Mon Dec 05 2022

NEW STUDY

Association between variables measured in the ambulance and in-hospital mortality among adult patients with and without infection: a prospective cohort study


Conclusions: suPAR ≥ 8.0 ng/mL was associated with mortality in patients presenting to the ambulance both with and without infection and in those who developed sepsis. Furthermore, the inability of the ambulance patient with an infection to answer questions relating to specific symptoms was associated with a surprisingly high mortality. These results suggest that suPAR and medical history are valuable tools with which to identify patients at risk of poor outcome in the ambulance and could potentially signal the need of enhanced attention.

Background: Patients presenting with infection to the ambulance are common, but risk factors for poor outcome are not known. The primary aim of the current study was to study the association between variables measured in the ambulance and mortality among adult patients with and without infection. The secondary aim was to study the association between these variables and mortality in a subgroup of patients who developed sepsis within 36 h.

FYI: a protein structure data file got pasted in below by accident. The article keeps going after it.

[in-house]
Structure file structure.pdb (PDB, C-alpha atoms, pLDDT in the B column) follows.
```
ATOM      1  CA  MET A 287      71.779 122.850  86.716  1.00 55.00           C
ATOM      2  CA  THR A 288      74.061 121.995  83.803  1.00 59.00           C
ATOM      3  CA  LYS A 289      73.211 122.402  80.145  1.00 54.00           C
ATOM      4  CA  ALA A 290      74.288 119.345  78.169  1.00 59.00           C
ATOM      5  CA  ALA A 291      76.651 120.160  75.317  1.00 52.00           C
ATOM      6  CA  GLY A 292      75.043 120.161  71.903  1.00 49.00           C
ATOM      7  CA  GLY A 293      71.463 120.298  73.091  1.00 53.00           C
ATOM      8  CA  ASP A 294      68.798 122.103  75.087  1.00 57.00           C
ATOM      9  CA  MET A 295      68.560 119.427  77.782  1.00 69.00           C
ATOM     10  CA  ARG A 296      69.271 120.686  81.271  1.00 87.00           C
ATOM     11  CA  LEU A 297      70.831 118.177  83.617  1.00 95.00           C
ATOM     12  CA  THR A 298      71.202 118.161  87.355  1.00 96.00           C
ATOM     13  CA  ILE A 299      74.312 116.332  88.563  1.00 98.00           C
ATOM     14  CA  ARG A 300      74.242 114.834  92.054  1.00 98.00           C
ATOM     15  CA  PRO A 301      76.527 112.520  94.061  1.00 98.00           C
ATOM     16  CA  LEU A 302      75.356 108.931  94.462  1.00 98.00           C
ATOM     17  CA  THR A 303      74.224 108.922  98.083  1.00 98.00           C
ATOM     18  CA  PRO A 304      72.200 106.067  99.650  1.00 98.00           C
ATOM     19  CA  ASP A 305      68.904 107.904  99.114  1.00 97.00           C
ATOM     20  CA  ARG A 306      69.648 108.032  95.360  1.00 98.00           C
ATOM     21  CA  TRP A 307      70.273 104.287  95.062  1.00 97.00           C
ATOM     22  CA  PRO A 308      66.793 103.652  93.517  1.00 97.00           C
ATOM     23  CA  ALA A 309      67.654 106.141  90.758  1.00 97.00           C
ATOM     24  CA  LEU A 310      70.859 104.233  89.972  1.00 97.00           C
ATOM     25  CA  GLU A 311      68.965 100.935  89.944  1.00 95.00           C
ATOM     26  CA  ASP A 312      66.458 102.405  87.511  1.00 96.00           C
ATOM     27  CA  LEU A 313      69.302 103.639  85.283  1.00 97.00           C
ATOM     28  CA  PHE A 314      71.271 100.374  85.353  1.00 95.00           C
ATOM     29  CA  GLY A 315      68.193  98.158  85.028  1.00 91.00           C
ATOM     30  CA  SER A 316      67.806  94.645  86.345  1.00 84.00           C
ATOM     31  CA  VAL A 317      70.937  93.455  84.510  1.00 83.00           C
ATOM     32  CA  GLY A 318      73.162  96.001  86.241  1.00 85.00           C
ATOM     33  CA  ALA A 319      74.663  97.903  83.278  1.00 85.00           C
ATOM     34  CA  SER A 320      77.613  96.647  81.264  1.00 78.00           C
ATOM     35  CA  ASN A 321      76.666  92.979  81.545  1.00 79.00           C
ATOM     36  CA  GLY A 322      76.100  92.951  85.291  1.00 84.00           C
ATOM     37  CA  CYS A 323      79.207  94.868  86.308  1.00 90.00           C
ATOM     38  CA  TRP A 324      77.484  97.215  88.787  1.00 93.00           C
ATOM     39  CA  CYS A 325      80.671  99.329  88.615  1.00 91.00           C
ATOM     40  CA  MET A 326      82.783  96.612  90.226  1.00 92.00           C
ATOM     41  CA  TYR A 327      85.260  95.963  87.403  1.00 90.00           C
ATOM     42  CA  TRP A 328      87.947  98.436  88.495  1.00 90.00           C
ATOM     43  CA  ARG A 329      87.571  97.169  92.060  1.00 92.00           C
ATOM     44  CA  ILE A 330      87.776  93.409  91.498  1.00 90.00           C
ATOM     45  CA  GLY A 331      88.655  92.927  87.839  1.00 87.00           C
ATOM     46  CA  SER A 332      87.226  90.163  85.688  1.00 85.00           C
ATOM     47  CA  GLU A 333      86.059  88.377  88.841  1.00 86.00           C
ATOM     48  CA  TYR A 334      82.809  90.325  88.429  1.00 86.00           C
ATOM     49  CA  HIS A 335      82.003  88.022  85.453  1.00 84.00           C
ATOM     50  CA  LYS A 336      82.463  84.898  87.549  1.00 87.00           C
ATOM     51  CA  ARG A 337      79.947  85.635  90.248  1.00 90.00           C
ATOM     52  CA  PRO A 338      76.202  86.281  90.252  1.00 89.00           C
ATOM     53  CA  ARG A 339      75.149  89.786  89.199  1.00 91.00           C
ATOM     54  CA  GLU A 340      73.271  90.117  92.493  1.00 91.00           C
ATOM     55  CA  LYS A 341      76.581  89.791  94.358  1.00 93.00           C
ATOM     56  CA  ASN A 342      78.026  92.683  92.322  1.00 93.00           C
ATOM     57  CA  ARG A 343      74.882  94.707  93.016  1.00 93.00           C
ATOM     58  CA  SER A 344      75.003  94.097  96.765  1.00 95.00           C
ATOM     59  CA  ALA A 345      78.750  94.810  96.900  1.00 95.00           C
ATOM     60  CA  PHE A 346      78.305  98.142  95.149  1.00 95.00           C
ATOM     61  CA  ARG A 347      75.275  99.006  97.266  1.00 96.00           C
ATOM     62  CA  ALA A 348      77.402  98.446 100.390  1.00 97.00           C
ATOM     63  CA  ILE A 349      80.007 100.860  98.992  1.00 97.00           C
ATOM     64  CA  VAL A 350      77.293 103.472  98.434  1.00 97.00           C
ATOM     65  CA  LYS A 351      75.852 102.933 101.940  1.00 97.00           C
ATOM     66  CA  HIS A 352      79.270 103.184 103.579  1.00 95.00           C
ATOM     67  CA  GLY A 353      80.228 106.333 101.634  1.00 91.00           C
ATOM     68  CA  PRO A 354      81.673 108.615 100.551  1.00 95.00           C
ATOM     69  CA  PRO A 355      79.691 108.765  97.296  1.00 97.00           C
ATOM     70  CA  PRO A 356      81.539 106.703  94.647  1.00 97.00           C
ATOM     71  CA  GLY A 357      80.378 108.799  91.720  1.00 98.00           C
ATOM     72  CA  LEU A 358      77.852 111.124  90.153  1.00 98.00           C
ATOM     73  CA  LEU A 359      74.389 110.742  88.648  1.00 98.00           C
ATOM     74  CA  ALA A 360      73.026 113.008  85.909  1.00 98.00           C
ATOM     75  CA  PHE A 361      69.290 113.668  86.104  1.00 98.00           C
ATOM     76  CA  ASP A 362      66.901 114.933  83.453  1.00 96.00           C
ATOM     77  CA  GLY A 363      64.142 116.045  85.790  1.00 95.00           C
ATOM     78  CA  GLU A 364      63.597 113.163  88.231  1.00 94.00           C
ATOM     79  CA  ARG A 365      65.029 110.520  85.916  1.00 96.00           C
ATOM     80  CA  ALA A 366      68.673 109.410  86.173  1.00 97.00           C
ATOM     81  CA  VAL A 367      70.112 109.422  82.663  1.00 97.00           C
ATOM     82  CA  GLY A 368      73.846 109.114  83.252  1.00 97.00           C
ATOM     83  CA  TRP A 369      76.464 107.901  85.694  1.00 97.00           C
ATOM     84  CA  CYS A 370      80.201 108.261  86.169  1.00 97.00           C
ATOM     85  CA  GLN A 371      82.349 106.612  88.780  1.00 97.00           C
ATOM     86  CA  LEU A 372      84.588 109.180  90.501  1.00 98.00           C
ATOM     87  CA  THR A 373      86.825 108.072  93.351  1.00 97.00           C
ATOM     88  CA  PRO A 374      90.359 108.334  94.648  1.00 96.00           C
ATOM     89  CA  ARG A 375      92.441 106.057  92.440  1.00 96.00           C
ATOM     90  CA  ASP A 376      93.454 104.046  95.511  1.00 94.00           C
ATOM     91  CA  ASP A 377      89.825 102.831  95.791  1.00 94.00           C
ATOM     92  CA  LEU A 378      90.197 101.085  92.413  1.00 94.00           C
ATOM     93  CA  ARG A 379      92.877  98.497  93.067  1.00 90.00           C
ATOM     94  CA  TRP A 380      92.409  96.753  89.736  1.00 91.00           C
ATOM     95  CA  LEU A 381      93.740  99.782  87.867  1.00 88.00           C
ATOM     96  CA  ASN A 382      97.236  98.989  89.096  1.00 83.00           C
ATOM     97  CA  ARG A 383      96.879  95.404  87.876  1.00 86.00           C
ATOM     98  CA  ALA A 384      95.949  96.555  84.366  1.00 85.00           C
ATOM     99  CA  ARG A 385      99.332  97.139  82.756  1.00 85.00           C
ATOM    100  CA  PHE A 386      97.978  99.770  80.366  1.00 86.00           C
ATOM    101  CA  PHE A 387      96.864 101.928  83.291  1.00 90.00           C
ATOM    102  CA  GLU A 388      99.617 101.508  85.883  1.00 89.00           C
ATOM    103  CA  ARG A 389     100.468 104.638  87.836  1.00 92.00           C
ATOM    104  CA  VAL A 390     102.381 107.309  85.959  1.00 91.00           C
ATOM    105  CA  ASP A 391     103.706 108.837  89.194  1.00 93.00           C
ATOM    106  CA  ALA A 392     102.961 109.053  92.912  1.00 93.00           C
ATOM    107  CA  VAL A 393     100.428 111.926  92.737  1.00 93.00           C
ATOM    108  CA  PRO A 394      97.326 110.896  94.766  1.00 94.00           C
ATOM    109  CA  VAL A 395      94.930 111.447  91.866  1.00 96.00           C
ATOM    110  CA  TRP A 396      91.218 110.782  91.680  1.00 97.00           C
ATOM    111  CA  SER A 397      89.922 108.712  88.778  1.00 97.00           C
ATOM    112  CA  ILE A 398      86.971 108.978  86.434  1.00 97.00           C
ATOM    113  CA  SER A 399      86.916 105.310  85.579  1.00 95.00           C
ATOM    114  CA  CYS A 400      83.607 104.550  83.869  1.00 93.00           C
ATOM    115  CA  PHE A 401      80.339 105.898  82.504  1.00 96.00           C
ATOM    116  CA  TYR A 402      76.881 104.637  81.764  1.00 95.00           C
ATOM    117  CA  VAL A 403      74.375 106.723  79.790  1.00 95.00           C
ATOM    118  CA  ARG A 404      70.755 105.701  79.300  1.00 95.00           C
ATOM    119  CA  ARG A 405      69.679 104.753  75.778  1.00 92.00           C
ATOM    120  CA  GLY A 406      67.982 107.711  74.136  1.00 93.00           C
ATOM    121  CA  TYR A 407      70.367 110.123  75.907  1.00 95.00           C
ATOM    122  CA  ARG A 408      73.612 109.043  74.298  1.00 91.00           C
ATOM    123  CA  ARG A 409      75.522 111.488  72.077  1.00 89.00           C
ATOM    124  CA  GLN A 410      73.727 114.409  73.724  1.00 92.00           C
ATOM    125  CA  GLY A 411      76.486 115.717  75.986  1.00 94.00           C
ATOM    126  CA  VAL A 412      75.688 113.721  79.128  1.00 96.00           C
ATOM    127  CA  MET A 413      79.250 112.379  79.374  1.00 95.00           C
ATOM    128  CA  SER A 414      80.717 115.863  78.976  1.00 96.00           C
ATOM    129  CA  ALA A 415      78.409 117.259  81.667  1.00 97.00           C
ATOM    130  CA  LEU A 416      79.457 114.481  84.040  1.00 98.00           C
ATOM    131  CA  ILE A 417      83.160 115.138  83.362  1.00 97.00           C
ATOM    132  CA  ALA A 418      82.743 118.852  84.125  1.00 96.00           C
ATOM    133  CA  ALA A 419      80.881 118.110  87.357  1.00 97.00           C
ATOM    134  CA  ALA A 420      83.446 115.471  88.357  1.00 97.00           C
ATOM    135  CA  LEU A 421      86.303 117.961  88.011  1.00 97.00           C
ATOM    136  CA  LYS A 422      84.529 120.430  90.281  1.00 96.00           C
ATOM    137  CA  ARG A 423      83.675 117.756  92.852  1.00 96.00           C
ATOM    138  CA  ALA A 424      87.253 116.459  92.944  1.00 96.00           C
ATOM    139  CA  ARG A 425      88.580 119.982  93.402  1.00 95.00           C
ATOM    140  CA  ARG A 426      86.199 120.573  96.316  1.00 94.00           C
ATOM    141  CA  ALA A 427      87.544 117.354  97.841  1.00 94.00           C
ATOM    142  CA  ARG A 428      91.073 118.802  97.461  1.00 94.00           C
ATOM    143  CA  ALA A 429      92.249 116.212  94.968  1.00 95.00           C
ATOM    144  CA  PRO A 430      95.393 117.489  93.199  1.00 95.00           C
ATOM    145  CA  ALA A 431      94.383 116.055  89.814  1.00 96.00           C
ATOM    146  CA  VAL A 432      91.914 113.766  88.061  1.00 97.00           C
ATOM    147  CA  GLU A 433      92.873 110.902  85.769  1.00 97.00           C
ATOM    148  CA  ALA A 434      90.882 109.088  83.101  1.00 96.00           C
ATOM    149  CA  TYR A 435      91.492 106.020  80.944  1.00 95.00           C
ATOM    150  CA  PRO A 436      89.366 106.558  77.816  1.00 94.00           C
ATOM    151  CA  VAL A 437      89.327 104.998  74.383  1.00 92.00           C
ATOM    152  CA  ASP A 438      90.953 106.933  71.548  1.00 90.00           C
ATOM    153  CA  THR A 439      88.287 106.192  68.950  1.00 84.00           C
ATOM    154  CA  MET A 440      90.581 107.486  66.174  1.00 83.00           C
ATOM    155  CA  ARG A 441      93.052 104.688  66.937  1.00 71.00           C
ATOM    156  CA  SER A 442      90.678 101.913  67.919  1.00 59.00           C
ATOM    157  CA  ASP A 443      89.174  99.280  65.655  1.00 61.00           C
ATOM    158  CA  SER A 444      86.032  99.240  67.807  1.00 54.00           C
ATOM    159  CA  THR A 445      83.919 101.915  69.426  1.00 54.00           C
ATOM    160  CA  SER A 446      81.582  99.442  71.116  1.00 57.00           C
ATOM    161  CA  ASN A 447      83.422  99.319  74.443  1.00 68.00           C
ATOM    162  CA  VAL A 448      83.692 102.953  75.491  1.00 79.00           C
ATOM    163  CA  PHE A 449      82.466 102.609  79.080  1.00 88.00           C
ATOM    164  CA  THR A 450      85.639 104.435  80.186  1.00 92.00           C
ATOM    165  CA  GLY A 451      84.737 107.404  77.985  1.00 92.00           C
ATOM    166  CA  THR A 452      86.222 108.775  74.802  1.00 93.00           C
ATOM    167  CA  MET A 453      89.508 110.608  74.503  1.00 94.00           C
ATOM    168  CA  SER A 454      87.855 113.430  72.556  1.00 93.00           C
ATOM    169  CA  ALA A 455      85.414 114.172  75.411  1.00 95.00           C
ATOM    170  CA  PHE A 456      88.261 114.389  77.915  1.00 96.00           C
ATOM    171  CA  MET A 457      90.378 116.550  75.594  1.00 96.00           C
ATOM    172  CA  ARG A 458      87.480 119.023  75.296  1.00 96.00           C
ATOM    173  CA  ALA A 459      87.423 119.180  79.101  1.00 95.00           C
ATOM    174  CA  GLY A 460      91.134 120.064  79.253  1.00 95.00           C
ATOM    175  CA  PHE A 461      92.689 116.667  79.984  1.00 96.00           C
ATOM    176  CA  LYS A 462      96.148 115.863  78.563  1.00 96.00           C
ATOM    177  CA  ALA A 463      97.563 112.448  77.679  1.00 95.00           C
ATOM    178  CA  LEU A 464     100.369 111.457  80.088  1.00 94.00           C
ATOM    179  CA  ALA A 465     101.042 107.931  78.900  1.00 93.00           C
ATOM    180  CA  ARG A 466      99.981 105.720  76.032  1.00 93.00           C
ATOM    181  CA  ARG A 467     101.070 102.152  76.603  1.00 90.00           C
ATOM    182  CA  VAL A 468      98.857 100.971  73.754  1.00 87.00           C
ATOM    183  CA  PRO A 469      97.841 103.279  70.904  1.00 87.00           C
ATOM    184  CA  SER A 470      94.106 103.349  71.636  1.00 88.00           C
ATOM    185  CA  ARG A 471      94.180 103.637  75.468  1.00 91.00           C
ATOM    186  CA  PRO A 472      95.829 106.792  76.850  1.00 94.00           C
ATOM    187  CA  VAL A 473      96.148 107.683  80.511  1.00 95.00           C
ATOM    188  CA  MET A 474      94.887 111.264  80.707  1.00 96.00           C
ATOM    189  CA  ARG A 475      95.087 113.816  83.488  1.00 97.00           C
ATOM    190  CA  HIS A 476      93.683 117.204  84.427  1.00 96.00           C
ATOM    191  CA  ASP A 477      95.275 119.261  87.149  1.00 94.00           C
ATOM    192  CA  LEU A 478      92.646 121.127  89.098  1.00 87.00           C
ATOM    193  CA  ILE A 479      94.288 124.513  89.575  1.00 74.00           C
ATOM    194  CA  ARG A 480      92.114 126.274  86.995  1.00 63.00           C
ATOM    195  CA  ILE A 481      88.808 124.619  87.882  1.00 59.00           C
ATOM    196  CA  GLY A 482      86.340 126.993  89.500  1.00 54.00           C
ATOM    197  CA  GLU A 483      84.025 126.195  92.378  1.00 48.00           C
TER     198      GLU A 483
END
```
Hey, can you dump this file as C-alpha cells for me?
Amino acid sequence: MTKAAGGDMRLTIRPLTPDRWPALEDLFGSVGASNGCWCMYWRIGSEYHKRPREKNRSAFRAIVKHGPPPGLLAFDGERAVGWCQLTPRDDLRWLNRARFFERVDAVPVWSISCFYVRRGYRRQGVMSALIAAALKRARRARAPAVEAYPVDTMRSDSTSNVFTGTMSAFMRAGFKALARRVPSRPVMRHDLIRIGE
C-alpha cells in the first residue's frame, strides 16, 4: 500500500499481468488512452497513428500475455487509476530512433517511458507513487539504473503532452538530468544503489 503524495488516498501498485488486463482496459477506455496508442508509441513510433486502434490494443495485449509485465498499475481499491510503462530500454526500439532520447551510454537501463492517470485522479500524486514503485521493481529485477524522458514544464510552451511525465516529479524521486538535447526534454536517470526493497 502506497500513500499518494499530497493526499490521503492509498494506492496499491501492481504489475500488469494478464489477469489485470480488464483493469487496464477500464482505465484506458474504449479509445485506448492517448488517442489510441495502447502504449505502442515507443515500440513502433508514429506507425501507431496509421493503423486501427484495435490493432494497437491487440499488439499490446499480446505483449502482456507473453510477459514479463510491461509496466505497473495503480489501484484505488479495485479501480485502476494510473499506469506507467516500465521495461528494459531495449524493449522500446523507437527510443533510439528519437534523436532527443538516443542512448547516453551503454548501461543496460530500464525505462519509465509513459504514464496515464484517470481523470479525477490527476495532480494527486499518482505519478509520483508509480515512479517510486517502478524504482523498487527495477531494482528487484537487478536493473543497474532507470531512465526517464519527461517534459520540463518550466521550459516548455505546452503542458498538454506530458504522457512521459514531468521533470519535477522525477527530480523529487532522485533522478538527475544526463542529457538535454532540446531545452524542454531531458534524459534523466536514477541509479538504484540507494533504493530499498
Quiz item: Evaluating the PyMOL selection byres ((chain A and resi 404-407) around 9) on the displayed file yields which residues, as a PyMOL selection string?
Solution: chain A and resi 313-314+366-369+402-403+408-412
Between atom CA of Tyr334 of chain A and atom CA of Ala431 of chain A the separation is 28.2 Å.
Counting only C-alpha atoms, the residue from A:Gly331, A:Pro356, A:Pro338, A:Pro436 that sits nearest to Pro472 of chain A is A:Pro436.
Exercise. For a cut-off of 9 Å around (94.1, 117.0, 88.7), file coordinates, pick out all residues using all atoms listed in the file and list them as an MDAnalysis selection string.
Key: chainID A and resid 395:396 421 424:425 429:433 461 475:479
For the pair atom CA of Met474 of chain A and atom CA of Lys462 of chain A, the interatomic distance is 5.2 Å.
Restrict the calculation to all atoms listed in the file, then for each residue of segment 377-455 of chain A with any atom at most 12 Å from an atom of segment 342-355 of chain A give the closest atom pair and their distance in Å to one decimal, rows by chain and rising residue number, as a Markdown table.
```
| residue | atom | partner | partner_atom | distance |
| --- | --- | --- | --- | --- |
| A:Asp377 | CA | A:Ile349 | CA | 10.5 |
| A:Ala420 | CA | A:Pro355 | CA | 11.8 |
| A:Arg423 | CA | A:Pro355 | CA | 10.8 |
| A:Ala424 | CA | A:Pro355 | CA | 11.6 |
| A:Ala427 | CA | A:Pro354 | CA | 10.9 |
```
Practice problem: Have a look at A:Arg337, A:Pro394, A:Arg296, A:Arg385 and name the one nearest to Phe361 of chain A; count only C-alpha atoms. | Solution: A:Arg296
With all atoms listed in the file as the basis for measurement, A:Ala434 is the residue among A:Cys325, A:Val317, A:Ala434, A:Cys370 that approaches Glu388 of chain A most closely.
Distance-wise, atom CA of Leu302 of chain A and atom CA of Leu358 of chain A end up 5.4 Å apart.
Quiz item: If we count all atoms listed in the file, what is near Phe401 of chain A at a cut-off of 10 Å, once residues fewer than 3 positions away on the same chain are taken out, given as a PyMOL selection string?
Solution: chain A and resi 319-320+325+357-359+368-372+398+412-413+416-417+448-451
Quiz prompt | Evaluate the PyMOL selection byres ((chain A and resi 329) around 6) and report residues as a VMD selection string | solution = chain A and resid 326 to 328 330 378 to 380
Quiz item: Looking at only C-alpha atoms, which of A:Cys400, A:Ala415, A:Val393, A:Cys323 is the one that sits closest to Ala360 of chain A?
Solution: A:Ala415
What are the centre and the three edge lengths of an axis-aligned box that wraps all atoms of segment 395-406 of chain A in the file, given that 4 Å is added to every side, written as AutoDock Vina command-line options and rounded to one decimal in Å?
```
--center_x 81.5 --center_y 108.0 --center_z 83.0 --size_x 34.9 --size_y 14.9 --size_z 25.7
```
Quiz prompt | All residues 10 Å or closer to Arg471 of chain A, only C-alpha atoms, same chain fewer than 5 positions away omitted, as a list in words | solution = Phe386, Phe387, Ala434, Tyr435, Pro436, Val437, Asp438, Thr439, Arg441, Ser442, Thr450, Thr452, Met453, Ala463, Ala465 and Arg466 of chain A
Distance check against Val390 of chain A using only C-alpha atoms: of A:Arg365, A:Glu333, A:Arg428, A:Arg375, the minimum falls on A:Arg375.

Methods: Prospective cohort study of 553 ambulance patients with, and 318 patients without infection, performed in Stockholm during 2017-2018. The association between 21 variables (8 keywords related to medical history, 6 vital signs, 4 blood tests, and age, gender, comorbidity) and in-hospital mortality was analysed using logistic regression.

Results: Among patients with infection, inability of the patient to answer questions relating to certain symptoms such as pain and gastrointestinal symptoms was significantly associated with mortality in univariable analysis, in addition to oxygen saturation < 94%, heart rate > 110 /min, Glasgow Coma Scale (GCS) < 15, soluble urokinase Plasminogen Activator Receptor (suPAR) 4.0-7.9 ng/mL, suPAR ≥ 8.0 ng/mL and a Charlson comorbidity score ≥ 5. suPAR ≥ 8.0 ng/mL remained significant in multivariable analysis (OR 25.4; 95% CI, 3.2-199.8). Among patients without infection, suPAR ≥ 8.0 ng/mL and a Charlson comorbidity score ≥ 5 were significantly associated with mortality in univariable analysis, while suPAR ≥ 8.0 ng/mL remained significant in multivariable analysis (OR 56.1; 95% CI, 4.5-700.0). Among patients who developed sepsis, inability to answer questions relating to pain remained significant in multivariable analysis (OR 13.2; 95% CI, 2.2-78.9), in addition to suPAR ≥ 8.0 ng/mL (OR 16.1; 95% CI, 2.0-128.6).

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